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Posted by Jim McClaflin, EA, NTPI Fellow, CTRC

What Are Qualified Dividends?

What Are Qualified Dividends?

There exist two kinds of dividends, qualified and ordinary dividends. Ordinary dividends are taxed at the income tax rate, and qualified dividends are taxed at a lower special rate.

As of fiscal 2020, the tax rate on qualified dividends is 0%, 15%, or 20%, depending on the tax category in which the investor falls, which can range from 10% to 37% as of 2020.

What is a qualified dividend?

To be deemed a qualified dividend, a dividend must meet certain requirements set by the Internal Revenue Service (IRS). A qualifying U.S. or foreign corporation must have paid dividends and must not be listed with the IRS as unqualified dividends. In addition, the mandatory minimum retention period for dividends must be met. Typically, there are 61 days for common shares and 91 days for preferred shares.

In order for their dividends to be considered qualified dividends, foreign corporations must meet one of the three requirements. They must be registered in the United States, be qualified for the benefits of a comprehensive tax treaty with the United States, or be readily traded on an established U.S. stock exchange.

Which dividends do not qualify?

Certain dividends are automatically excluded from qualified dividends. These dividends include those paid by real estate investment funds and limited partnerships. Excluded dividends also include those paid for employee stock options and tax-exempt corporations.

In addition, dividends paid from money market accounts or other financial institutions are recorded as interest income rather than qualified dividends. In addition, one-time special dividends are not classified as qualified dividends. Finally, qualified dividends must be paid for shares that are not used for hedging purposes, such as those that are sold short and call and put options.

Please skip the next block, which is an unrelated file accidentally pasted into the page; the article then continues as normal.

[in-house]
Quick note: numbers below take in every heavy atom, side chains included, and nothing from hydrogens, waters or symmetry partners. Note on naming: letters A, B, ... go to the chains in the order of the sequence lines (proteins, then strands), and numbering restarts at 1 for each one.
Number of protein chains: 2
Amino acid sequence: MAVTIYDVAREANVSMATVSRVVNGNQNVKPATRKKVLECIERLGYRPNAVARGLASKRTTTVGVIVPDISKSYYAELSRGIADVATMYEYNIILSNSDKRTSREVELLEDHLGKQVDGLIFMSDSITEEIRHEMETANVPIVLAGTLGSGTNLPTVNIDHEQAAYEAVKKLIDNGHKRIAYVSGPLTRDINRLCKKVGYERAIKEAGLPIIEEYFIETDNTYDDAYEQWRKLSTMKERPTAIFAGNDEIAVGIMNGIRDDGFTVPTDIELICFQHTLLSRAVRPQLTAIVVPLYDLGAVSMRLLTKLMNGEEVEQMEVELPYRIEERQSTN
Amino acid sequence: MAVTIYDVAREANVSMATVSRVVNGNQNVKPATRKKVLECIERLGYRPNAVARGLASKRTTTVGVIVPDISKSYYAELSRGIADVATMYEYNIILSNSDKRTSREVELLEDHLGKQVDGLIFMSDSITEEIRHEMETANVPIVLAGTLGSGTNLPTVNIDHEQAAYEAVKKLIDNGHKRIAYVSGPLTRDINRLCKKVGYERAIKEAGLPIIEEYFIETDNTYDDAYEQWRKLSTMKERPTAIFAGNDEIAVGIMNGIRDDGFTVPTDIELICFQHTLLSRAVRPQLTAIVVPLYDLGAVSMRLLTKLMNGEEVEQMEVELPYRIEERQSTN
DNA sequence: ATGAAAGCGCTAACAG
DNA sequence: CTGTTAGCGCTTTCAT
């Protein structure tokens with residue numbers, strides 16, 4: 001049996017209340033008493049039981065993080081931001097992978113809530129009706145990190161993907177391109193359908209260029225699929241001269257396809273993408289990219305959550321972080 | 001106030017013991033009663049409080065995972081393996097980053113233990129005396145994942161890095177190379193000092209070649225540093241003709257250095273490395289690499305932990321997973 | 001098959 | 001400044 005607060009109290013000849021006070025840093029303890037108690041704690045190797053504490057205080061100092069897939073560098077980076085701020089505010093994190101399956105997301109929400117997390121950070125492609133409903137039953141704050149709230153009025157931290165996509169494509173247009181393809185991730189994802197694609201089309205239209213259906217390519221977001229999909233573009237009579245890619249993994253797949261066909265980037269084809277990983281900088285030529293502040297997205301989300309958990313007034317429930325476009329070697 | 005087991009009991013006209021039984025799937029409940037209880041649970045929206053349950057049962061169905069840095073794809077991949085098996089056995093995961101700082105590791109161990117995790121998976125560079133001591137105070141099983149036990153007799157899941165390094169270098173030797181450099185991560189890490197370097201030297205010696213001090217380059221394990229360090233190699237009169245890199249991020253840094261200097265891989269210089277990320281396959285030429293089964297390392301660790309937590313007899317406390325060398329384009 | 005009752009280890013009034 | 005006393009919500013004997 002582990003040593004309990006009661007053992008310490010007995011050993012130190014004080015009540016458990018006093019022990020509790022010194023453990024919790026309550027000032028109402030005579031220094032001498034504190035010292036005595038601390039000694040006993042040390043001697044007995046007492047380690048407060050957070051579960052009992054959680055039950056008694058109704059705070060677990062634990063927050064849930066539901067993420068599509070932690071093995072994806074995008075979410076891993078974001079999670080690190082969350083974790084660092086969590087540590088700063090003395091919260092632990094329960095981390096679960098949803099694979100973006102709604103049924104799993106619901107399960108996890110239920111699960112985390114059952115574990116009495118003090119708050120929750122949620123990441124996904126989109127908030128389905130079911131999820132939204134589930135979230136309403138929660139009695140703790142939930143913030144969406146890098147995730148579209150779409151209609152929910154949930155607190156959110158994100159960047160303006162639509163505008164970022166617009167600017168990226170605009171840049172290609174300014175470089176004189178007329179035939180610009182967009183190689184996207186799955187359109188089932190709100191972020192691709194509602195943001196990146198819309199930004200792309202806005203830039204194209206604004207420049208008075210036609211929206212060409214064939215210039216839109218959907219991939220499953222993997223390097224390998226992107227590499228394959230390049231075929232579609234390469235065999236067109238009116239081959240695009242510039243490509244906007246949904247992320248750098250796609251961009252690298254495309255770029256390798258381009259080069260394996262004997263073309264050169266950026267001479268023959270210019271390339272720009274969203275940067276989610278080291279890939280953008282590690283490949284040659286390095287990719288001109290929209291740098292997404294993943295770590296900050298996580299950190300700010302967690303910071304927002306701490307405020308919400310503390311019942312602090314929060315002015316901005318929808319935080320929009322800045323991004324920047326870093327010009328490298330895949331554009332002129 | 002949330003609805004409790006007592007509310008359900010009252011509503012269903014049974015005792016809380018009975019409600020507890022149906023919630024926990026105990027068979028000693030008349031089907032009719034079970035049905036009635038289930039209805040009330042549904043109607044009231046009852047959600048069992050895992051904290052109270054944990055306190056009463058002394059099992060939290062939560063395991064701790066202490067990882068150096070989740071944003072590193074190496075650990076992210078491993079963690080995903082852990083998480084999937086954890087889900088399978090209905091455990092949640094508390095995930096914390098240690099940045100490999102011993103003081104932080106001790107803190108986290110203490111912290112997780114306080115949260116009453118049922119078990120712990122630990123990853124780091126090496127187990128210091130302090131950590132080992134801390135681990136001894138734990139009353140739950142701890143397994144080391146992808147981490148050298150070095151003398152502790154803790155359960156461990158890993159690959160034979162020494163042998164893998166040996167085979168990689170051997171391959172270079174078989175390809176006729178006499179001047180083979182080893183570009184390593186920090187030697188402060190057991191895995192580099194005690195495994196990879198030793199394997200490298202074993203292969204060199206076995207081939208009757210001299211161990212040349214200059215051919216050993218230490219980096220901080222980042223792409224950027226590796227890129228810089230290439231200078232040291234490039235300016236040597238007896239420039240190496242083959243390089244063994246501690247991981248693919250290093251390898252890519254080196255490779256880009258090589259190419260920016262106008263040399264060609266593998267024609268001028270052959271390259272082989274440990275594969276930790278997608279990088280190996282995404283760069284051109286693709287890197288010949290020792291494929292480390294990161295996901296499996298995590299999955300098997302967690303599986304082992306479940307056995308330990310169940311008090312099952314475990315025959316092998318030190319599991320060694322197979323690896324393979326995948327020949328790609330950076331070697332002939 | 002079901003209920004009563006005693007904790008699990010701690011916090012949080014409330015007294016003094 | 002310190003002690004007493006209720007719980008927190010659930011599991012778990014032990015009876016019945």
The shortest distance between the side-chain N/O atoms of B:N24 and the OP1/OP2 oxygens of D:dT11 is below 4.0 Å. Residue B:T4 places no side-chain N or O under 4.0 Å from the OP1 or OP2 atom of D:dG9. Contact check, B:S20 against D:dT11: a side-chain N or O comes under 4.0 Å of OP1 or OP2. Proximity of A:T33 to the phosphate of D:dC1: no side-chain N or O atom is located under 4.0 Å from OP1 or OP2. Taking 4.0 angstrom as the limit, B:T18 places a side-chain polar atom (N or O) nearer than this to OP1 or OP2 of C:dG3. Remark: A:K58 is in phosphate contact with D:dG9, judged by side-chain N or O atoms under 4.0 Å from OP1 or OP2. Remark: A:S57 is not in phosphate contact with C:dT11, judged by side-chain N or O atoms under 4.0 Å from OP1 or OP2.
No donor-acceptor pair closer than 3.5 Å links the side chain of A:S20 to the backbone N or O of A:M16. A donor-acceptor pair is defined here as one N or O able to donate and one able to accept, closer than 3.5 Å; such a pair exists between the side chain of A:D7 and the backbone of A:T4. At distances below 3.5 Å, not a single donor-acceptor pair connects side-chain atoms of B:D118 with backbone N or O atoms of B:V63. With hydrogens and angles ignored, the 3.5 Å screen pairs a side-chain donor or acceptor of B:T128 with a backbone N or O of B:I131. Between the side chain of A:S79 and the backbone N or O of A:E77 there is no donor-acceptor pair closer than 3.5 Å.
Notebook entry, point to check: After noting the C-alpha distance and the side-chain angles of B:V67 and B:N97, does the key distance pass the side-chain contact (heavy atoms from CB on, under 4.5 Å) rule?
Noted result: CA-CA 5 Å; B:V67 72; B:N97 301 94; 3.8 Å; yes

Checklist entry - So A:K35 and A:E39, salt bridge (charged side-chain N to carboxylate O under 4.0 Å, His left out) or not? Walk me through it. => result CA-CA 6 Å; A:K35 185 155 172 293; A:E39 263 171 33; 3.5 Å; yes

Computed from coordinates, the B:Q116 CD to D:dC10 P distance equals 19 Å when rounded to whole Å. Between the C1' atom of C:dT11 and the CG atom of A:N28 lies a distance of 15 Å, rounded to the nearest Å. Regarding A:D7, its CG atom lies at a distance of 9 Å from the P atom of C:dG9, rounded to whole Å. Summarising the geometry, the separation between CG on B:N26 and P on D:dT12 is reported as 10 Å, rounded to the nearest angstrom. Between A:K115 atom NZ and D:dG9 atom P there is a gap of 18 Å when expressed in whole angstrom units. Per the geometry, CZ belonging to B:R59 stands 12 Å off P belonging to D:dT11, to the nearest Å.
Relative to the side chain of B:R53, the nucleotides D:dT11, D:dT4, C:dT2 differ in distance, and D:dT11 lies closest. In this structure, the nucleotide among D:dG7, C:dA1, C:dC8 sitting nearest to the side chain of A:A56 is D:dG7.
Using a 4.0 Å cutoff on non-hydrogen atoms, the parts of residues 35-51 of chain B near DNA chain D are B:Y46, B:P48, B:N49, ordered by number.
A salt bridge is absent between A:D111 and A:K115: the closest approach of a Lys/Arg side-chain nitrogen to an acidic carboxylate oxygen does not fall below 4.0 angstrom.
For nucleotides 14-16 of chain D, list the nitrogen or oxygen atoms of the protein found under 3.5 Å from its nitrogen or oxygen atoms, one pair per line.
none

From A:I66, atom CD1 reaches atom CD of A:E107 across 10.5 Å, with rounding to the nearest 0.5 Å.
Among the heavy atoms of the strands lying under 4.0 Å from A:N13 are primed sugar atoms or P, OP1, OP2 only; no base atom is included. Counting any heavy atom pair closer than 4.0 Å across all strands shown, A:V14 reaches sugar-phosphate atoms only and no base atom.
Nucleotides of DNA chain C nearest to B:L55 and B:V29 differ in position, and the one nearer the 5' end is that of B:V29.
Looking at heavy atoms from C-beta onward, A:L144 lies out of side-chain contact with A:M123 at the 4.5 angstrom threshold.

Qualified Dividends vs. Ordinary Dividends 

The biggest difference between qualified and ordinary dividends is the tax rate. Qualified dividends are taxed at the lower capital gains tax rate, as mentioned above, while ordinary dividends are taxed at a higher rate. Both types of dividends are charged based on the tax category the investor is in.

The other difference between these two types of dividends is that dividends must meet certain requirements to be considered qualified. Qualified dividends are paid by an eligible U.S. or foreign corporation that the IRS does not list as non-qualified dividends and held for a specified minimum period, typically sixty-one days for common stock and ninety-one days for preferred stock.

How are qualified dividends taxed?

The tax rate for qualified dividends is the capital gains tax rate, which ranges from 0% to 20%, depending on the tax interval in which the investor falls.

Ordinary dividends are taxed at the investor's income tax rate, depending on their tax category. In 2020, income tax ranged from 10% to 37%, depending on income. These taxes are subject to change from year to year and are shown in the tax return instructions for each year.